Criminal Law

Have you been charged with a crime? Have you been denied legal aid? We may be able to help. Visit our criminal law page to read more able the kinds of cases we can take on.

Family Law

Do you need advice about custody and access? Questions about child support? DLS may be able to assist. To find out more about these services, visit our family law page.

Refugee and Immigration Law

Have you made a refugee claim? Do you need help filing a Pre-Removal Risk Assessment or Humanitarian & Compassionate Grounds application? We may be able to help.

Housing Law

Are you a tenant in rental housing? Is your landlord trying to evict you? Does your apartment need repair? We may be able to help.

University Affairs

Are you a student at the University of Toronto? Have you been charged with an academic offence? Do you need advice about an academic appeal? Read more about our services for students to see if we can assist.

Employment Law

Lost your job?  Treated unfairly at work?  Problems with your employer?  We may be able to assist you.

Legal Education Workshops

We provide plain language workshops on a variety of legal topics. To request a workshop or learn more about our PLE program, contact us.


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Submission to the City of Toronto on Zoning for Secondary Suites

Whether or not our clients have a housing law issue, we very often have a housing problem: we can’t find any! At least, not housing that is safe, affordable, and anywhere close to the communities, families, jobs, and schools to which we are connected.

This summer, City of Toronto staff proposed changes that would remove some of the barriers to building more “secondary suites”, such as basement apartments, in places like Scarborough where our clients are often stuck renting in illegal and dangerous rooming houses. We call on the City to do this (and a whole lot more!) to increase the limited supply of these rental housing options. You can read our submission here.

End of Term is Approaching! Check out these resources in dealing with exam and assignment stress.

Starting to feel the heat of end of term papers and looming exams?  You are not alone.  Check out these links for campus specific resources available to students.

St. George Campus Resources and Workshops

  • Meet with a Learning Strategist – “All students can meet with a Learning Strategist for individualized support.”[1]
  • Exam Prep Series – “short, focused discussions with a Learning Strategist about the exam skills that matter to you and your discipline”[2]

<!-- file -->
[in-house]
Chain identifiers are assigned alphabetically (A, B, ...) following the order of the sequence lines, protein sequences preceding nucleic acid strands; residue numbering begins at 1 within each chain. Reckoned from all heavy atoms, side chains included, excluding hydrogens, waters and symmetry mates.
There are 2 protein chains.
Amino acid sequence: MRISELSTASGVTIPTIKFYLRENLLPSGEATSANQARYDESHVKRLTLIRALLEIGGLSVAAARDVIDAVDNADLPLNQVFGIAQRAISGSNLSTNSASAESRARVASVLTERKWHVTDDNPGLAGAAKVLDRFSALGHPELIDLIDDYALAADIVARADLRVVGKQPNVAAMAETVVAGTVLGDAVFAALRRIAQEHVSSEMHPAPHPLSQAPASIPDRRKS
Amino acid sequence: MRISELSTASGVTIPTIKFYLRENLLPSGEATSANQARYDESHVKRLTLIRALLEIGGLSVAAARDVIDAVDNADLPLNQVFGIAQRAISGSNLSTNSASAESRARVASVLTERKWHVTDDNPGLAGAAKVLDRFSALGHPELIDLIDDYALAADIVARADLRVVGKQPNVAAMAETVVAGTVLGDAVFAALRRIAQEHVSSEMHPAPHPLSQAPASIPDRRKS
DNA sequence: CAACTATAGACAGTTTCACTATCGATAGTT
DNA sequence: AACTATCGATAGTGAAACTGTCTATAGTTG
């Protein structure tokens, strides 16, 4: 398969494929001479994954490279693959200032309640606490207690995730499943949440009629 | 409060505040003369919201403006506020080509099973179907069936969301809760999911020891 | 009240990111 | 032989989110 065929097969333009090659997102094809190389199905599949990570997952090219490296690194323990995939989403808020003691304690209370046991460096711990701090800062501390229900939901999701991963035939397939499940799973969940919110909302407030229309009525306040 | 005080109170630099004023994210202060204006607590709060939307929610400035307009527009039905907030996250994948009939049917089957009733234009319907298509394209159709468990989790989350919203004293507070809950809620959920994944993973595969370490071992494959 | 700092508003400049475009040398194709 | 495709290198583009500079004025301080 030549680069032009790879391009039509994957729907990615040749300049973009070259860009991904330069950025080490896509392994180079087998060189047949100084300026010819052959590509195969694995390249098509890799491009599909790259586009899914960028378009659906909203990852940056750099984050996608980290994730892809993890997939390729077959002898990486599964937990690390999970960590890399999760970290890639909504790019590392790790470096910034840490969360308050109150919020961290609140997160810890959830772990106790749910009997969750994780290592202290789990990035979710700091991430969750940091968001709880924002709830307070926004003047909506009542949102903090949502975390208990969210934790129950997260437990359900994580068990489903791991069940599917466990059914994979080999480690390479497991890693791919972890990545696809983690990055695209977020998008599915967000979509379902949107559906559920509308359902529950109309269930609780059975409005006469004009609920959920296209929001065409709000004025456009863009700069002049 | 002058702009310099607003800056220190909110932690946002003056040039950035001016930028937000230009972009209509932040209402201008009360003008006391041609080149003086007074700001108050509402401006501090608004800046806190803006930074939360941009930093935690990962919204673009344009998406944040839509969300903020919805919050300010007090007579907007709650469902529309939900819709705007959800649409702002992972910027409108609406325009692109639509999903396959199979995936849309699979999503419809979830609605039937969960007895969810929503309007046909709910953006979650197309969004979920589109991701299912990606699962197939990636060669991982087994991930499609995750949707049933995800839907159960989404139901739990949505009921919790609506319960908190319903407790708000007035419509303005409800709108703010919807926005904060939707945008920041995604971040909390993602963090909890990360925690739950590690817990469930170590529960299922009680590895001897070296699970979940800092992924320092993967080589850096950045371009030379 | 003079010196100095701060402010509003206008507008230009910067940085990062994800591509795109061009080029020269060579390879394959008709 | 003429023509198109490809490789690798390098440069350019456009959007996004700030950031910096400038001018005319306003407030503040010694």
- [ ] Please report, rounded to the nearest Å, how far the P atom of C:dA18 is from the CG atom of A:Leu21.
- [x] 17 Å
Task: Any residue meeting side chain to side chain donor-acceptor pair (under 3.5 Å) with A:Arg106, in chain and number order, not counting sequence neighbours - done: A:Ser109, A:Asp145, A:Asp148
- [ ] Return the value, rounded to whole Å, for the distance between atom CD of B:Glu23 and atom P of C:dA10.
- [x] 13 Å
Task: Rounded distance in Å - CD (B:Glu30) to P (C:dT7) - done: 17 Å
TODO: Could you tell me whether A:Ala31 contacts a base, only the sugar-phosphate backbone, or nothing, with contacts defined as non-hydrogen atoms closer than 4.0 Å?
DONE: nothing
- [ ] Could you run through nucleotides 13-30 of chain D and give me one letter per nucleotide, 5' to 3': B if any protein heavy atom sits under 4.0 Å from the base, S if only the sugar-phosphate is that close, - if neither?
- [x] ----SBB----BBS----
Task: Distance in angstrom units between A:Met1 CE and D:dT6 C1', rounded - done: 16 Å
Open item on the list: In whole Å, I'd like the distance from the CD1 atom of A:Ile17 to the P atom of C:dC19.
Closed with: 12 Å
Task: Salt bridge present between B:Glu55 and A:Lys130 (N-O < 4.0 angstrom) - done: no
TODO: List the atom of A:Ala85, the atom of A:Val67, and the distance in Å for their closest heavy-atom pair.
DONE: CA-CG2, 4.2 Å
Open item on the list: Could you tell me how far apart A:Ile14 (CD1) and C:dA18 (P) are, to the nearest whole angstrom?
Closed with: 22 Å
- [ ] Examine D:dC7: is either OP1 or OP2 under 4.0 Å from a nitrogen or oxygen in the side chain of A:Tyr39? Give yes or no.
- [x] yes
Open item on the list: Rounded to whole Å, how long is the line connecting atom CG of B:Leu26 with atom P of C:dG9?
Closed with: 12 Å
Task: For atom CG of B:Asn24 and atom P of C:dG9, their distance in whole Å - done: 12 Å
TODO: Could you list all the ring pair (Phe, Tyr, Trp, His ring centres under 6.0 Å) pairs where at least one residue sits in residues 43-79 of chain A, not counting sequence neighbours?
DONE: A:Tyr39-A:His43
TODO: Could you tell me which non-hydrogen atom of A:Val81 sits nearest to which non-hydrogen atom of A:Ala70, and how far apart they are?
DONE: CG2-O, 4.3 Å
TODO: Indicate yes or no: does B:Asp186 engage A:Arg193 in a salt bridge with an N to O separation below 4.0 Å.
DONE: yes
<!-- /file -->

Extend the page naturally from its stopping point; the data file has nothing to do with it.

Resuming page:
• Preparing for Exams & Managing Exam Anxiety – “In this interactive workshop, we will discuss anxiety and stress management techniques and will introduce students to resources that are available around campus”[3]
  • Staying Resilient & Managing Stress Through End of Term – “This workshop will return to the topic of resiliency and stress, exploring the ways that strategies for building resiliency can be used by students at times of acute academic pressure”[4]
  • Study Hubs – “quiet study time for students to work on whatever they have to do”[5]
  • Graduate Writing Groups – “Are you a graduate student determined to write and defend your dissertation before your funding package expires? Do you find it difficult to maintain a consistent writing schedule? Would you like to commit to writing regularly? Join a community of peers who share your experience and can help keep you accountable.”[6]

Health and Wellness Services and Workshops

  • Health & Wellness Centre – “The Health & Wellness Centre provides the same services as your family physician”[7]
  • Better Breath – “Feeling too busy to manage stress effectively as a university student? Come learn about the benefits of restorative breath, try new techniques for relaxation such as muscle tension reduction and learn new tips for taking time to pause and recharge.”[8]
  • Better Coping Skills – “If you’re having trouble coping with the demands of university life – or even regular everyday situations – this series of workshops can help you build the skills you need to thrive.”[9]
  • Better Sleep – “Feeling too busy or stressed as a university student to sleep properly? Come learn about what you can do to improve your sleep and feel more rested and refreshed.”[10]